WASHINGTON -- Congressional Democrats, aided by a few renegade Republicans, are wasting little time in their effort to overturn a Supreme Court decision upholding regulations that bar abortion counseling in federally funded clinics.
Yesterday, two weeks after the high court handed down its ruling, the Senate Labor and Human Resources Committee handily endorsed legislation lifting a Bush administration "gag-rule" ban on such guidance. A House panel is expected to adopt similar legislation next week.
"There's confusion over the relationship of this [issue] to abortion," said Sen. John H. Chafee, R-R.I, co-author of the bill. "It's just the right of a low-income woman, a pregnant woman, to have her options explained."
Yet the eventual bill appears destined to spark a fiery clash with President Bush over the highly charged abortion issue, and to do so in the shadow of the 1992 presidential campaign.
"It's George Bush's nightmare," said Representative Patricia Schroeder, D-Colo. "He can run, but he can't hide from the abortion issue."
Many Democrats do hope that the impending debate will find Mr. Bush and his Republican allies staring at the wrong end of a political howitzer. Recent polls have shown that a broad majority of Americans favor allowing federally funded abortion clinics to list abortion among the options available to pregnant women.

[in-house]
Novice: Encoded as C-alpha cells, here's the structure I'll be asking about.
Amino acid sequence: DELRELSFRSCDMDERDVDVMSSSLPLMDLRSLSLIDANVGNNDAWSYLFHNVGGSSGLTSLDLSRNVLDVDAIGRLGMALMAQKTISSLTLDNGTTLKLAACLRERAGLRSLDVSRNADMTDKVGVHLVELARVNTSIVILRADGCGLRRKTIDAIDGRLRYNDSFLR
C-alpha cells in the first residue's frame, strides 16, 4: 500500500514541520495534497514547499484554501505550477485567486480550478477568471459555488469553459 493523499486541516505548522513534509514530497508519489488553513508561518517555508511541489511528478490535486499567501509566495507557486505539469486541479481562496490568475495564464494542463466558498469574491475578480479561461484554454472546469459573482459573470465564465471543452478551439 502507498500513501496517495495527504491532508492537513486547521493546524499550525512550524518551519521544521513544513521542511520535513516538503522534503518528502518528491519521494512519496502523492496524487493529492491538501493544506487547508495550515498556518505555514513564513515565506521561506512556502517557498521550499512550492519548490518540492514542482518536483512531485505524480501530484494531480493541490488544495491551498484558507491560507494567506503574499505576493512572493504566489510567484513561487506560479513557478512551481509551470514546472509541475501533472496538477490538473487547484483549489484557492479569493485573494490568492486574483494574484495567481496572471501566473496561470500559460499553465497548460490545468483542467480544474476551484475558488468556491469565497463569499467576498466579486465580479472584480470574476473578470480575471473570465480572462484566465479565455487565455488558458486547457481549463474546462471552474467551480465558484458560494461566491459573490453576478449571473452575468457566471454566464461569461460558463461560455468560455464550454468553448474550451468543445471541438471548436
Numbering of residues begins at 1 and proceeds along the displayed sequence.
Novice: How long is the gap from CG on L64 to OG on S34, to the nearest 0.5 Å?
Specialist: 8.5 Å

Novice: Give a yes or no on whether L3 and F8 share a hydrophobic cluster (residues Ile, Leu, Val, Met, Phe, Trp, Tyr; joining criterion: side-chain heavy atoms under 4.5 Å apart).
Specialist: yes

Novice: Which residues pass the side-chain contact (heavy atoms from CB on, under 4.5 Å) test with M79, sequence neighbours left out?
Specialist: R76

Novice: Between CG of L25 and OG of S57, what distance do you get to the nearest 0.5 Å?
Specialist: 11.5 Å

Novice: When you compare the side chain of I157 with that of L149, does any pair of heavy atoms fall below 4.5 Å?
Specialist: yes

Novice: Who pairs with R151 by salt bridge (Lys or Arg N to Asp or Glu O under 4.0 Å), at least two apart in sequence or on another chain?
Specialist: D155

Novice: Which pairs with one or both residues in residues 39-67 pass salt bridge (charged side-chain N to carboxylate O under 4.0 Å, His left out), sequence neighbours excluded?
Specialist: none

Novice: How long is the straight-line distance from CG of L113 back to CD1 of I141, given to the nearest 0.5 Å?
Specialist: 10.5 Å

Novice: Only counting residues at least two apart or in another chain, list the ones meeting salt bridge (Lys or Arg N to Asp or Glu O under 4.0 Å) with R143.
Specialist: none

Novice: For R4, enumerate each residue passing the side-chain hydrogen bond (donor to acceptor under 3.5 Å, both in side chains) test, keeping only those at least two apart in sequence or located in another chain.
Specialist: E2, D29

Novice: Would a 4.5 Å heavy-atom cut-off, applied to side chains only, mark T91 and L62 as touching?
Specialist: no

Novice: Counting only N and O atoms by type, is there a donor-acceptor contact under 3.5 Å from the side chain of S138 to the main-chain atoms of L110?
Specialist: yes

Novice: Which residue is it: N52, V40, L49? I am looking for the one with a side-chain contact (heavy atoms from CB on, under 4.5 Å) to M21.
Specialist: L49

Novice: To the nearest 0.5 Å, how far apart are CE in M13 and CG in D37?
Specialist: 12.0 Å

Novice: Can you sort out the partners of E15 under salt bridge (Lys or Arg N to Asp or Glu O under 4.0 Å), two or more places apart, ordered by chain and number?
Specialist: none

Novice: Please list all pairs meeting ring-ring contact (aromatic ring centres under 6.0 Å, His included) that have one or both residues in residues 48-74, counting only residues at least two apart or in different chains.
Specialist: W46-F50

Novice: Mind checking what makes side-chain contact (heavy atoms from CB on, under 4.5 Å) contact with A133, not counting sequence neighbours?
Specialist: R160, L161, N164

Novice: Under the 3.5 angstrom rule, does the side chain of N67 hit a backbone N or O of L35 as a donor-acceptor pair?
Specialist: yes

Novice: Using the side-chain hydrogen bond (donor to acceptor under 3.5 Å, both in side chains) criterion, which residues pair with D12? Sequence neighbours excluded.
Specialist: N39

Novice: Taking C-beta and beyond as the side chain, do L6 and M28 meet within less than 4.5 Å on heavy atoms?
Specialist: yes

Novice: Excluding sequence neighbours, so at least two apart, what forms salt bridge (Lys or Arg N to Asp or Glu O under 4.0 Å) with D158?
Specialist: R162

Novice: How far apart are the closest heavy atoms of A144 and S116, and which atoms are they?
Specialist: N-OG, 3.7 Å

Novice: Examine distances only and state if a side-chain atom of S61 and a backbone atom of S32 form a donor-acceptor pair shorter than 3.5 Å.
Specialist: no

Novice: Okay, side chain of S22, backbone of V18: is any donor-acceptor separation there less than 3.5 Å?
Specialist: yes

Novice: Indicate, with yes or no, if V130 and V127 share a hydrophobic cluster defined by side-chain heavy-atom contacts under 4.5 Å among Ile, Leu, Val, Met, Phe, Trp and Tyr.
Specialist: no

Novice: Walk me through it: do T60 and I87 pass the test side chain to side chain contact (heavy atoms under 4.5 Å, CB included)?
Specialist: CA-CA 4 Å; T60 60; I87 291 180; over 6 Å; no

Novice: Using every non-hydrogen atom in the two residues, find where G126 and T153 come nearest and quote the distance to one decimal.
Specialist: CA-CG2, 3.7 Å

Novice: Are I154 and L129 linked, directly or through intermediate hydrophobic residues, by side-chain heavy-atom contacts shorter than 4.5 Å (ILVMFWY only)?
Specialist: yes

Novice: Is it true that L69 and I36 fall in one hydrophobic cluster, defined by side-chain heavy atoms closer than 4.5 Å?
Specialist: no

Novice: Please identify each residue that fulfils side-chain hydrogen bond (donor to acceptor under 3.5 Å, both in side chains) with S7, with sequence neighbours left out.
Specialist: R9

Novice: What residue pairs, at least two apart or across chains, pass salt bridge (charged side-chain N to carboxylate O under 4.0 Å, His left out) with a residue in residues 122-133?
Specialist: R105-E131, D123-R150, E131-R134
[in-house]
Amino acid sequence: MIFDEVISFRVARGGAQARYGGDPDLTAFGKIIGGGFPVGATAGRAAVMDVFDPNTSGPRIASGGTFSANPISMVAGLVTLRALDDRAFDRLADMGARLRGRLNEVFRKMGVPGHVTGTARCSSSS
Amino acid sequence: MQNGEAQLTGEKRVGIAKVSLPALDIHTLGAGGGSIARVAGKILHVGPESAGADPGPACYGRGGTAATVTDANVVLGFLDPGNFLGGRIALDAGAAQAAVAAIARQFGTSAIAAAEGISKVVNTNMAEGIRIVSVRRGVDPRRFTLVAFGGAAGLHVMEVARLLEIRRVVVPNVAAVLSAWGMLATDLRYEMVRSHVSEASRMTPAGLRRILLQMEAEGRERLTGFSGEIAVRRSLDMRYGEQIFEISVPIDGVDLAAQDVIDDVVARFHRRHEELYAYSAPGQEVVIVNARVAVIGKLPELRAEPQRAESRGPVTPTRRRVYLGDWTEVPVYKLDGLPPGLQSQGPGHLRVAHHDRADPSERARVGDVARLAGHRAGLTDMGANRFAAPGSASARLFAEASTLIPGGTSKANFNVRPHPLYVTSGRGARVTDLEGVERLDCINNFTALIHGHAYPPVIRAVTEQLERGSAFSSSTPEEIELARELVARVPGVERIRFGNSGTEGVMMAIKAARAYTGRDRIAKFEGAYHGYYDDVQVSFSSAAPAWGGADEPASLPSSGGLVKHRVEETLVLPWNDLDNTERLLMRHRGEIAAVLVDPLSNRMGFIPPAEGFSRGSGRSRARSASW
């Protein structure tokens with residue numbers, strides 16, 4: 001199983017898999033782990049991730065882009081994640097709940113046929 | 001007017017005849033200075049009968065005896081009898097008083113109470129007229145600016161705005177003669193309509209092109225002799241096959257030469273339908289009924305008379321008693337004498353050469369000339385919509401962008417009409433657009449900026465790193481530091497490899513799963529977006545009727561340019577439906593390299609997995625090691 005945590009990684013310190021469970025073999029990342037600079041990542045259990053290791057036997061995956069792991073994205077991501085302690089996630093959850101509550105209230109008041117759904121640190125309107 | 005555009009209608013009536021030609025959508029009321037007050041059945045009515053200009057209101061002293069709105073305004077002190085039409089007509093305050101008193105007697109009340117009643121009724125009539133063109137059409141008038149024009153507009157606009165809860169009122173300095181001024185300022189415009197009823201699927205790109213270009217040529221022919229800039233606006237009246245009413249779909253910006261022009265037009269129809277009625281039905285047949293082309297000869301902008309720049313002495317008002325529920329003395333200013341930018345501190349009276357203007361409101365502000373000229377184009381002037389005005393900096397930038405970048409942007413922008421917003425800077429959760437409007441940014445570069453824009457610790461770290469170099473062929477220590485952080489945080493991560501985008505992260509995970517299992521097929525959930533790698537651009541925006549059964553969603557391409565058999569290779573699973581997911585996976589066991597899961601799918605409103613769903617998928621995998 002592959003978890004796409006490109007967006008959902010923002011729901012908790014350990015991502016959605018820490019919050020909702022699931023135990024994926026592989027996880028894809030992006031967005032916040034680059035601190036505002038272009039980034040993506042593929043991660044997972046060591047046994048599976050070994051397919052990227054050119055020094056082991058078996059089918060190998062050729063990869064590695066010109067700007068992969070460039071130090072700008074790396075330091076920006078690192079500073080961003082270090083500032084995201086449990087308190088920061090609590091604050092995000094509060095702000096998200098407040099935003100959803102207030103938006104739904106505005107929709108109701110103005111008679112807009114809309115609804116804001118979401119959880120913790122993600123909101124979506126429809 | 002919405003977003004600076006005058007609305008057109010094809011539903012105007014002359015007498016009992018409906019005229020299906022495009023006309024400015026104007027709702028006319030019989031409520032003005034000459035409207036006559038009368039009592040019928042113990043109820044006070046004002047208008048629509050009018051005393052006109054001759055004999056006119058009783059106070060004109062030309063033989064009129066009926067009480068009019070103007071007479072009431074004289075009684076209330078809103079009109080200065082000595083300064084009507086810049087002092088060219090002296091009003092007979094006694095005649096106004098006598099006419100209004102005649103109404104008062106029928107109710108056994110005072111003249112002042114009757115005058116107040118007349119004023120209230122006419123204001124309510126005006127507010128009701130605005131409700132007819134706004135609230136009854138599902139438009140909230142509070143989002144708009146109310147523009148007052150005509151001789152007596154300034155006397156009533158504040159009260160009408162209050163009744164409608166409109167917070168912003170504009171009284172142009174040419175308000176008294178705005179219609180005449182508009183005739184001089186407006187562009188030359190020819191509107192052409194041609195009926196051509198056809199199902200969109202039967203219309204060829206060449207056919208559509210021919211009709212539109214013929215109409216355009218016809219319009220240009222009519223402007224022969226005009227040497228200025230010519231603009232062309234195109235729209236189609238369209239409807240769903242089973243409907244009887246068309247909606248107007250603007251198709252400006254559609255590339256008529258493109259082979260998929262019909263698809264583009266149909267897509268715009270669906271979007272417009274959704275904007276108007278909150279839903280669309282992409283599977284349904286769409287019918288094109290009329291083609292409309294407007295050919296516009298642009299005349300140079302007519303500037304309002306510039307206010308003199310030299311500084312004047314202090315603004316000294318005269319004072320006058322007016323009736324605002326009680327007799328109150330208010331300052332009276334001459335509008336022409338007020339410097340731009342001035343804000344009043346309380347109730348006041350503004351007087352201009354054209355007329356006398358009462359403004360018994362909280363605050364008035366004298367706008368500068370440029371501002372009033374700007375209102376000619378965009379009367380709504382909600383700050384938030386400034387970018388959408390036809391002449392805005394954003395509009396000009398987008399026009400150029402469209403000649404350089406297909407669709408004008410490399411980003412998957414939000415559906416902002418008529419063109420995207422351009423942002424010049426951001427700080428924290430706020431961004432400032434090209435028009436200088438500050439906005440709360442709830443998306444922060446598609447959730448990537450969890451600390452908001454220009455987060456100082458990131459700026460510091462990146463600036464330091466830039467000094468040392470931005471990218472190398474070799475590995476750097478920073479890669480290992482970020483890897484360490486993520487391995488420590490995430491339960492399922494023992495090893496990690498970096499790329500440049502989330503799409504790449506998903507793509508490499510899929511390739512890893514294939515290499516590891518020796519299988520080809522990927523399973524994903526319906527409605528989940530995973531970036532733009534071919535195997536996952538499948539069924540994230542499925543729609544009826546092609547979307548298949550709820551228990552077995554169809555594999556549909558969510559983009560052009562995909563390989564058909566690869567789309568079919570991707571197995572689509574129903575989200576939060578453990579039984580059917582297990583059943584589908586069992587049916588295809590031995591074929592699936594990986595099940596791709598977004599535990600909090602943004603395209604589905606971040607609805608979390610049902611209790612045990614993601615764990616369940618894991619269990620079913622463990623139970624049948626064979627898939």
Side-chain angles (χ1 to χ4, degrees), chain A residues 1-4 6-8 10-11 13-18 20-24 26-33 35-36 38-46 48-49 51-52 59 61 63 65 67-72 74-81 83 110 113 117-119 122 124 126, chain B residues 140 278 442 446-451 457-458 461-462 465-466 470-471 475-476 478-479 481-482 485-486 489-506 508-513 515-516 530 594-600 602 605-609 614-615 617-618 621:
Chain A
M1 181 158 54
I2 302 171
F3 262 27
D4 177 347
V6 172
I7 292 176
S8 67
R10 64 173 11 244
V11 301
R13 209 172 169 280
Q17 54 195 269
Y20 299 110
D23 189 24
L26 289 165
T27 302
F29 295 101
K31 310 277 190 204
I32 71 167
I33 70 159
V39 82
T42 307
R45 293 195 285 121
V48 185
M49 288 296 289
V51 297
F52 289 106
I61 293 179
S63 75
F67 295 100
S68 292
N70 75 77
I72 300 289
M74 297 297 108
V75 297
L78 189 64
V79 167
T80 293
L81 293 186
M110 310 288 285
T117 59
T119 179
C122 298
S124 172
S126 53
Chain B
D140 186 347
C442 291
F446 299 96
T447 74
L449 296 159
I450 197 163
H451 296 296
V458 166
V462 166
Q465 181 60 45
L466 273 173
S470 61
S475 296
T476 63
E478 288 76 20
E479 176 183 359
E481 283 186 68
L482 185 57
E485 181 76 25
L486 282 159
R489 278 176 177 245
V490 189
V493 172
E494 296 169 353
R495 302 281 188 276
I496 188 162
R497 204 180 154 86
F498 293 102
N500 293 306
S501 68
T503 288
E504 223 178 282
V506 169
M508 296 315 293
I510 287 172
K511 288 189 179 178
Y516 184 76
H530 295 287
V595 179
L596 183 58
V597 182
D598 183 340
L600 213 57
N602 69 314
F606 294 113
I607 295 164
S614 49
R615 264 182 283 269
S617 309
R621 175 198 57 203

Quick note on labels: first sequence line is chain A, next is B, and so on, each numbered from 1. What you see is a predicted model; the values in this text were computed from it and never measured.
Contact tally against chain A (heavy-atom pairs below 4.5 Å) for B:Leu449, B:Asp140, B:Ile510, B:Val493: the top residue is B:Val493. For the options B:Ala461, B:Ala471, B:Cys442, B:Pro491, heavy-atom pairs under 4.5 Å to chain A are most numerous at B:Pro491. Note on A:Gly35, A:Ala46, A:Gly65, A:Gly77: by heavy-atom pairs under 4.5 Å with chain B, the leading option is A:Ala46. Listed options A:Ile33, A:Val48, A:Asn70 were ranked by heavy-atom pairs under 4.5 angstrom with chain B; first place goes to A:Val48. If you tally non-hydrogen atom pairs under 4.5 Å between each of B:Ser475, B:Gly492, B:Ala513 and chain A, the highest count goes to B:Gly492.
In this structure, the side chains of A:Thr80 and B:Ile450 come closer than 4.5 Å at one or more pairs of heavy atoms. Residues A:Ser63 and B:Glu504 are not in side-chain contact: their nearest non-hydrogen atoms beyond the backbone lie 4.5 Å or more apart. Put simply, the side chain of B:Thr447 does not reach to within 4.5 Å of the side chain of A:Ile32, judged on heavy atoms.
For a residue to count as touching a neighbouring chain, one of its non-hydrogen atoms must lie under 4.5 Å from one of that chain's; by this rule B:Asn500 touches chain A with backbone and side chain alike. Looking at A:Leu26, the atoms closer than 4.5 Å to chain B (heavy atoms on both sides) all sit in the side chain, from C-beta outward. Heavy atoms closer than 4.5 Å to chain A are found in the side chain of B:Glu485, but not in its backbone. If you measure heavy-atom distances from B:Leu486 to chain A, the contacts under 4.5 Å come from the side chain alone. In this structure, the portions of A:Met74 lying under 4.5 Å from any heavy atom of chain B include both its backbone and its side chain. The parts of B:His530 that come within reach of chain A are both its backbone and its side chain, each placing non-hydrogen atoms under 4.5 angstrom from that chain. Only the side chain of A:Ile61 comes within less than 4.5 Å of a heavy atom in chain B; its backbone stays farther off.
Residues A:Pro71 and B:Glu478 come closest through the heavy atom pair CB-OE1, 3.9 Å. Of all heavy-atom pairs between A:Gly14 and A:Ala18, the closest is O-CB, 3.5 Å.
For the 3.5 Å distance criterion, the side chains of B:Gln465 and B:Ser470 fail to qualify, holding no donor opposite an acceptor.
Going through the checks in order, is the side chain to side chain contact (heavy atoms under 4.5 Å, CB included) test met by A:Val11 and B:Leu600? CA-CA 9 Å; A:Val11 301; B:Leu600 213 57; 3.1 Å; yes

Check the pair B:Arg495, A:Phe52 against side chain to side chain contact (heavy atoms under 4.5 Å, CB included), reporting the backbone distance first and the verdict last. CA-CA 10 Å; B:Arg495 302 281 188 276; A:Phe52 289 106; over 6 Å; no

The politics surrounding the court decision in the case of Rust vs. Sullivan, however, may not prove to be as clear-cut as many partisans hope.
Mr. Bush did send a strongly worded letter to Republican congressional leaders urging them to fight efforts to overturn the court ruling, warning against a "misunderstanding of my views or convictions." But a number of the president's GOP allies support the legislation anyway: Yesterday, two Republicans joined the majority Democrats to push the bill, itself co-authored by Republican Mr. Chafee, through the Senate panel on a 12-5 vote.
Nor is it clear that anti-abortion forces will be able to count on all of their traditional allies in the impending fight.
Wisconsin Representative Steve Gunderson, a conservative, anti-abortion Republican, says he has yet to decide how he will come out on the issue -- largely because he has yet to determine whether the primary issue at stake involves abortion rights or freedom of speech.
"We pride ourselves as being the party that stands against political correctness on the nation's campuses," said Mr. Gunderson. "Maybe we should be careful about curtailing the right of medical personnel to communicate to their patients."
The bills now wending through the legislative machinery would require federally funded abortion clinics to provide women with "all legal and medical options regarding their pregnancies" -- a phrase specifically intended to include abortion.